As a child, I had pictured myself as the next pro skateboarder on my block. I had one of those huge skateboards with the colored wheels that my parents had picked up at K-Mart. I had a helmet, but rarely wore my elbow and kneepads. As a result, I managed to pick up a ton of scrapes and bruises in the early years of my budding skating career.
I think my parents got sick of paying medical bills and getting me stitched up, because when I was eight, I received one of my favorite gifts of all time; a Nintendo Entertainment System that included Skate or Die! I was going to become the best virtual skater on the planet! With cutting-edge 8-bit graphics and a soundtrack by Rob Hubbard (Road Rash, John Madden Football), this was the game that I had been waiting for my entire life.
I’ve played through Skate or Die! numerous times since my youth and still love it, but my favorite Skateboarding games ever are the Tony Hawk Pro Skater games from Activision and Neversoft. Mixing amazing graphics from my Sony Playstation, an insane soundtrack featuring Suicidal Tendencies, Millencolin, Goldfinger, and many,many, more; I couldn’t get enough of these games. Throughout college, I became feverishly obsessed with them and made it my goal to be the best THPS player on campus.
I didn’t think that skateboarding could feel more realistic than hitting X, and then hitting Triangle to grind until I fell on my face. Little did I know that in 2007, the skateboarding game would change, again! With the introduction of Skate, it was the first time we had a realistic skating experience. You had to use both thumbsticks to recreate the movements of performing an ollie, grind, or aerial maneuver. It made you use actual skill to get through your goals. You could also play in a massive online environment; something that the THPS had tried to do, but never quite perfected.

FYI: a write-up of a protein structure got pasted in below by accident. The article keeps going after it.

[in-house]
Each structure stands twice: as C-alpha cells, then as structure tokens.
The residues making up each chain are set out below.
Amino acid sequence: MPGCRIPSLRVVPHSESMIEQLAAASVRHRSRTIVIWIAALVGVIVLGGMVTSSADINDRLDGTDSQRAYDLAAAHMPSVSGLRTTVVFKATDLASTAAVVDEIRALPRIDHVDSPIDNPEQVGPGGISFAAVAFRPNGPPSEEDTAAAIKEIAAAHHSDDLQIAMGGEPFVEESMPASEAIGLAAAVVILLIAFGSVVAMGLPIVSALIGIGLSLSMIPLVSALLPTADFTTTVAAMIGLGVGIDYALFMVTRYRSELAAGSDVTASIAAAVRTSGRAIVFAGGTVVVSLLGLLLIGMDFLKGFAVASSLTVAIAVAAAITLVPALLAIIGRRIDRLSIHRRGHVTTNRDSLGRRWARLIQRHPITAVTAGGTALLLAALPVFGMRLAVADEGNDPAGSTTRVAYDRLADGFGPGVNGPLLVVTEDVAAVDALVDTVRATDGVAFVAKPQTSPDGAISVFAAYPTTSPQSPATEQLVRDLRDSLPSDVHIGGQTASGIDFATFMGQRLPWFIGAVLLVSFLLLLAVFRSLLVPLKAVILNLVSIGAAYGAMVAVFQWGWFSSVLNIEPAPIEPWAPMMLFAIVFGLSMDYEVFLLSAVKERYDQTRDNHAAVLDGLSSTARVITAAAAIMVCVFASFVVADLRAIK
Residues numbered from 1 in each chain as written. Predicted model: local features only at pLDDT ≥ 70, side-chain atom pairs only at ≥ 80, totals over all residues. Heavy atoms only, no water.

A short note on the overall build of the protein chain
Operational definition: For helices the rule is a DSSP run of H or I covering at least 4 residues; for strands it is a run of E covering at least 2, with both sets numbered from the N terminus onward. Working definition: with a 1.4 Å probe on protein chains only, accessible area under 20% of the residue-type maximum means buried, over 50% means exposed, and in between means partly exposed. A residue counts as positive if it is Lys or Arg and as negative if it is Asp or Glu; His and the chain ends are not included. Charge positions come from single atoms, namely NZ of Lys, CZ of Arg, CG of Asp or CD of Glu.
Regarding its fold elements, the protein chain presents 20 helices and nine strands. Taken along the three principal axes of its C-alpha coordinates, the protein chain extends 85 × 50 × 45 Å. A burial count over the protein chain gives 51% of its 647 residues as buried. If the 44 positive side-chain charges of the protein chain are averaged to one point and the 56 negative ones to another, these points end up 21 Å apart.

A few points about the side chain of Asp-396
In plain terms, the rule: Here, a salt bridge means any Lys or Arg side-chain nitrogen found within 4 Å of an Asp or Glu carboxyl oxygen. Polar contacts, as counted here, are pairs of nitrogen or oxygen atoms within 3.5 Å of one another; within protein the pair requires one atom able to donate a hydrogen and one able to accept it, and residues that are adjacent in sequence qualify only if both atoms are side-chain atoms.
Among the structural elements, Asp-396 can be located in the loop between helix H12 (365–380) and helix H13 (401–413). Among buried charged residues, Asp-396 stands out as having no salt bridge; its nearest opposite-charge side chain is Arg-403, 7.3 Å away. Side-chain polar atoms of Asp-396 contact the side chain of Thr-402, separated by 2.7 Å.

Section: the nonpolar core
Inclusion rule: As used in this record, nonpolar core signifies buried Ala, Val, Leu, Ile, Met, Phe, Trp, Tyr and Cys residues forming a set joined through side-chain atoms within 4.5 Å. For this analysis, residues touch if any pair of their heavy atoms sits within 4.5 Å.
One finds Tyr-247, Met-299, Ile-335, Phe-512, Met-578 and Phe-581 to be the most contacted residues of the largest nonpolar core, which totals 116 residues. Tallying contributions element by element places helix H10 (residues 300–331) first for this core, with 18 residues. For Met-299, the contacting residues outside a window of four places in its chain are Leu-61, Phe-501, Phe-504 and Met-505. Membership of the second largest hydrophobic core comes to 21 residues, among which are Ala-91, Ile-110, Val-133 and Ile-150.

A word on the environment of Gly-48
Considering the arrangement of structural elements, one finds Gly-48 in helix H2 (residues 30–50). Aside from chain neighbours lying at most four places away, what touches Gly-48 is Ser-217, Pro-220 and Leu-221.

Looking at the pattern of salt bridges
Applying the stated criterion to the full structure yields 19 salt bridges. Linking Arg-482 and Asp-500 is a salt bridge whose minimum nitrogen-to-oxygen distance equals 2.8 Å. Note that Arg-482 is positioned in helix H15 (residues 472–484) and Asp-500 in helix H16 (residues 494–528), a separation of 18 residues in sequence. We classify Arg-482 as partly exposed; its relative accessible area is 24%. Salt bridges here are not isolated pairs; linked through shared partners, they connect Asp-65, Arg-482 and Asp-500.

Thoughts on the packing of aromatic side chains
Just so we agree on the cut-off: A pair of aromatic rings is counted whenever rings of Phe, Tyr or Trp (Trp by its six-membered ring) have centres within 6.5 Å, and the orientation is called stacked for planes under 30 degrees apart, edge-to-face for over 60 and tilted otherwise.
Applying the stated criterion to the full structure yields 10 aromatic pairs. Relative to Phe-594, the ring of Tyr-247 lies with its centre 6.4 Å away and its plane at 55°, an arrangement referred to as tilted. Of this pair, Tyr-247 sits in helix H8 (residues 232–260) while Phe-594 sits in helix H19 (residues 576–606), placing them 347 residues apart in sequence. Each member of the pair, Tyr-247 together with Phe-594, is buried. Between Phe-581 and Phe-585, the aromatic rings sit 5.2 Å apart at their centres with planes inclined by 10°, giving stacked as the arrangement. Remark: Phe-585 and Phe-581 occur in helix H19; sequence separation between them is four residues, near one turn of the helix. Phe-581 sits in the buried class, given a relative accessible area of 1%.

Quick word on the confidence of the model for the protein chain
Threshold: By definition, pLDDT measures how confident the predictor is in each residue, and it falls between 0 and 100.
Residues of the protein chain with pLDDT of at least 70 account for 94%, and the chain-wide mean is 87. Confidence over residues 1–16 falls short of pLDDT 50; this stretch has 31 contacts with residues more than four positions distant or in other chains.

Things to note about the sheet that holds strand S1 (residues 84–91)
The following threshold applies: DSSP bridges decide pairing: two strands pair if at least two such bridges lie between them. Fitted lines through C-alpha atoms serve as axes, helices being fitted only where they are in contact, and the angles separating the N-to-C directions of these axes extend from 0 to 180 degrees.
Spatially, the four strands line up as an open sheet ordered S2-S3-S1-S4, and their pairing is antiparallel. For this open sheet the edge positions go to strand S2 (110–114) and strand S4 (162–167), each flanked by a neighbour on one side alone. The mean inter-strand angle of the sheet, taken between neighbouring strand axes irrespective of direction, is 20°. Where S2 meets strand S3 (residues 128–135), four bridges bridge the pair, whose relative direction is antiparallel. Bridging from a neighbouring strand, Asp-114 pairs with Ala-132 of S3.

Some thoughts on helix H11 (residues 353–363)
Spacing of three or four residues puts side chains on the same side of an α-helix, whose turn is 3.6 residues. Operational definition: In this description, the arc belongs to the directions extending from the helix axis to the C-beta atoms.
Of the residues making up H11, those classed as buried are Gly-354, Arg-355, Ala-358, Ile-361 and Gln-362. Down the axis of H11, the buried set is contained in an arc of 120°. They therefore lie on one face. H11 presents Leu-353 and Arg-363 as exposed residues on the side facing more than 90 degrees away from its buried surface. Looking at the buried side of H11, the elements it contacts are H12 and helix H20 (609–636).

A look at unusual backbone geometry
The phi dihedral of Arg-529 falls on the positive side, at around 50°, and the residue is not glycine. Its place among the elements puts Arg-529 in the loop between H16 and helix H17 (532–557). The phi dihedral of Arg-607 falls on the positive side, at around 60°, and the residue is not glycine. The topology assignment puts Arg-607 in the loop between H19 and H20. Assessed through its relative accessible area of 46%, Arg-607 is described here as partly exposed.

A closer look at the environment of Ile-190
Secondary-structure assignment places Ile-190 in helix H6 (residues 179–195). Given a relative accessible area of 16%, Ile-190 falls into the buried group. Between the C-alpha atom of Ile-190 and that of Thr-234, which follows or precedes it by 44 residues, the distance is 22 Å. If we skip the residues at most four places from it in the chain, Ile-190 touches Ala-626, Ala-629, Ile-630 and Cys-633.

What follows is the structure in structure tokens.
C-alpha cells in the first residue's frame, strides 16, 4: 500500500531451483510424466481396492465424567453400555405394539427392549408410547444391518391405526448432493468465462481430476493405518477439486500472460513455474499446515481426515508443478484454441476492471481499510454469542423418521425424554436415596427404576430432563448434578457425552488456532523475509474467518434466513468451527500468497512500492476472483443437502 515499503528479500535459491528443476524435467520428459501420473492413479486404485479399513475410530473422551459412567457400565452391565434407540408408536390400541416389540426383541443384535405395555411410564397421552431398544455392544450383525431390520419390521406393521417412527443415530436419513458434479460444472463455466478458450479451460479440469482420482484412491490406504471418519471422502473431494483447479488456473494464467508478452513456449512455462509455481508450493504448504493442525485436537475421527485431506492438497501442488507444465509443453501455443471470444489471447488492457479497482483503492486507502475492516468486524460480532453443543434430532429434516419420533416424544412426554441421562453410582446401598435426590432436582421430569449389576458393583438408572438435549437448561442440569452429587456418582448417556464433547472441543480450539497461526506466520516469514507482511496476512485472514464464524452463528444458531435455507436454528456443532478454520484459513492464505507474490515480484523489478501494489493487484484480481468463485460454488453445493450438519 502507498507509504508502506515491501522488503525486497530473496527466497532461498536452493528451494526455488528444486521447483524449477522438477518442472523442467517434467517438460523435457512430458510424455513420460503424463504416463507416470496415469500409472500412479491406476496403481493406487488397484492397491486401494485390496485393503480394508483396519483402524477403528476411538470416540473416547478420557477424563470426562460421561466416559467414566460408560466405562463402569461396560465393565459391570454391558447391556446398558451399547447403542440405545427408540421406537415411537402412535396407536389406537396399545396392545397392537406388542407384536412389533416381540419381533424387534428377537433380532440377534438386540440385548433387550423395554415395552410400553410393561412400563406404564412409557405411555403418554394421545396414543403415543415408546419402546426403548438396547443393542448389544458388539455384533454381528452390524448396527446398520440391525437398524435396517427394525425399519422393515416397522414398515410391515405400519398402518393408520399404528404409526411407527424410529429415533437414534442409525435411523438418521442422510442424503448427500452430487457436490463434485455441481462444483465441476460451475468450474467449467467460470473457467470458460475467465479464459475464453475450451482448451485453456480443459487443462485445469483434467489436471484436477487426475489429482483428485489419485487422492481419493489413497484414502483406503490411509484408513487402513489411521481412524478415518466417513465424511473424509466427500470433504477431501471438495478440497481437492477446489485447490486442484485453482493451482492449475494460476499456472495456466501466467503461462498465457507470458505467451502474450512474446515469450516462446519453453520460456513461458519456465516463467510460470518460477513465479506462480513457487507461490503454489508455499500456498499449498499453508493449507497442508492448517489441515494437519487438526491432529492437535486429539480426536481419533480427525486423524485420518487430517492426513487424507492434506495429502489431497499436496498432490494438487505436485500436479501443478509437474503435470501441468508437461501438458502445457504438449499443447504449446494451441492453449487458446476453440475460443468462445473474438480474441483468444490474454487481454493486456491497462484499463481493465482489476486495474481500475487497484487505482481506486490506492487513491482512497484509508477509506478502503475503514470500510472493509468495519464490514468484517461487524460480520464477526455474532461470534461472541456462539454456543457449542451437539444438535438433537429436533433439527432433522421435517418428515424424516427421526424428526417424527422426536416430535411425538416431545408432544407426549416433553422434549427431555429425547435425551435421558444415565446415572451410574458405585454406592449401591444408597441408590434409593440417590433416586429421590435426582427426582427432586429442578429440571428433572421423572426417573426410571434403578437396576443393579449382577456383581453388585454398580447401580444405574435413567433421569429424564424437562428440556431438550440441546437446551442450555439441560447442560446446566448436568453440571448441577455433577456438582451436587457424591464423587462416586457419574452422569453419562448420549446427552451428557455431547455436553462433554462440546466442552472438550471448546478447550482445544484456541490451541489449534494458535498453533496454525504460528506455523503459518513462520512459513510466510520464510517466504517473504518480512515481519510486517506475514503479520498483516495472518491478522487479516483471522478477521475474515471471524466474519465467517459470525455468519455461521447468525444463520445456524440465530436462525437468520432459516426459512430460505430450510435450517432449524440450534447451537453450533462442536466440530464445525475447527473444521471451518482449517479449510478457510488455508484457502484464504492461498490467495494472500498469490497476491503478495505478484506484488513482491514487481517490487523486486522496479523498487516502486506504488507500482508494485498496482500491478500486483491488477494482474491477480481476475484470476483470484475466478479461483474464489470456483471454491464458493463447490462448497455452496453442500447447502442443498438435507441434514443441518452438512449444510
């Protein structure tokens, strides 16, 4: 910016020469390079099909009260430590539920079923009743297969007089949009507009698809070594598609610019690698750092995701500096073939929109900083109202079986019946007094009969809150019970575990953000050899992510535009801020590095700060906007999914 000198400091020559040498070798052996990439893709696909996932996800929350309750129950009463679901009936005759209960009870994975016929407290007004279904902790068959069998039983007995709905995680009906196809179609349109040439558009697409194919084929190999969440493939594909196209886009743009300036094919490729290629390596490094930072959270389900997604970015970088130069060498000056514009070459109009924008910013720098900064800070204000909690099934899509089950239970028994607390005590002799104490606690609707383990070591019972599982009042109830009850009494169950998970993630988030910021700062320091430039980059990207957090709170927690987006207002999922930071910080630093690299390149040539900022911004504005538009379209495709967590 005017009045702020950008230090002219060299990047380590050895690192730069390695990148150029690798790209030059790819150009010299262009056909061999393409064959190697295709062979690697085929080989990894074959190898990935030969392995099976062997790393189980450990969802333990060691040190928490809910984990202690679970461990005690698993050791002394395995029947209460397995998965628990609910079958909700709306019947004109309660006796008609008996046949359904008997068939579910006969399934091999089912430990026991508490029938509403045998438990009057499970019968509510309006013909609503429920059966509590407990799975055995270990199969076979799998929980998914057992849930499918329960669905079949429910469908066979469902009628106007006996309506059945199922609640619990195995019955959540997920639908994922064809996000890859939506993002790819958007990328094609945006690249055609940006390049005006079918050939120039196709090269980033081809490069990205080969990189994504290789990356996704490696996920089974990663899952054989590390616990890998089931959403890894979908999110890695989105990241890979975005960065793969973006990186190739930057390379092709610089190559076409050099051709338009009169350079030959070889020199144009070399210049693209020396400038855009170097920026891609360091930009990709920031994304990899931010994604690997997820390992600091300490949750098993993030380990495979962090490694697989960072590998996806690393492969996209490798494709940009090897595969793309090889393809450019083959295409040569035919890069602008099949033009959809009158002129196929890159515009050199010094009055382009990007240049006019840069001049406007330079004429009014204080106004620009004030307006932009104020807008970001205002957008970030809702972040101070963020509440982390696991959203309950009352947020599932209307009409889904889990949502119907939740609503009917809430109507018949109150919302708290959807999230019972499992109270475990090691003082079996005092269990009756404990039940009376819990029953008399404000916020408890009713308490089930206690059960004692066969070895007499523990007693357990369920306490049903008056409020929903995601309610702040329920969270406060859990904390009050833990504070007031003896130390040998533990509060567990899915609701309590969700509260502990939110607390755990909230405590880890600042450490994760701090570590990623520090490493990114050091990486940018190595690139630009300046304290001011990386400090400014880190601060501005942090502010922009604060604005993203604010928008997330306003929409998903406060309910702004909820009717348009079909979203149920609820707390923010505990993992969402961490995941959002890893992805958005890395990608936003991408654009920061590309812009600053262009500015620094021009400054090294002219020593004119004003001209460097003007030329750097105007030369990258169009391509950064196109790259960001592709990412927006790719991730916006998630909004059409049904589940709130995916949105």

I loved the Skate series, but ultimately always fell back to THPS because I wanted to have more fun in my games than realism. If I wanted to ACTUALLY skate, I’d just take my board outside and fail miserably. Granted, it’s a lot easier to faceplant in a simulated environment than a real one. I was a bit in the minority, as the Skate games gained popularity, and the THPS waned. They were becoming more unrealistic and needed a way to reinvent the wheel again. Hawk decided to do something completely crazy, that would spell the demise for the skate genre entirely.
Tony Hawk could see that the Skate games were winning out amongst gamers and decided that he’d create a realistic skating peripheal to counteract this. In Tony Hawk’s RIDE, players could mount a device that looked like a skateboard and was is equipped with infrared sensors to detect motion and display it on-screen. Players would turn, lean, hop, and perform other actions that would emulate being on an actual skateboard. The game failed miserably.
RIDE was a critical and financial failure, yet Hawk decided to put out a sequel to the game called SHRED. SHRED served as the nail in the coffin and ultimately destroyed the THPS franchise and skateboarding games as a whole. I’m not sure if it was the wonky skateboard, kids lack of caring for movement-based games, or a combination of the two; but skateboarding games went the way of the dinosaur. Hawk has hinted at a return to the genre but has done nothing more than release an HD version of his first two games.
It’s a shame that the genre died, but it’s a direct reflection of the way that games are played today. Motion-based games seemed to be a fantastic idea when the Wii came out. I think it’s successes more relied on the fact that the games were good and Nintendo is a trusted brand. Sony and Microsoft never saw the success with it’s Kinect and Move the way that Nintendo did. Players want to feel like they’re in the game, without actually having to do anything more than move a mouse or pick up a controller. If another Skate or Tony Hawk game comes out, I’m sure there will be an audience for them; but lets hope they keep the gaming in the console and out of the living room skate park.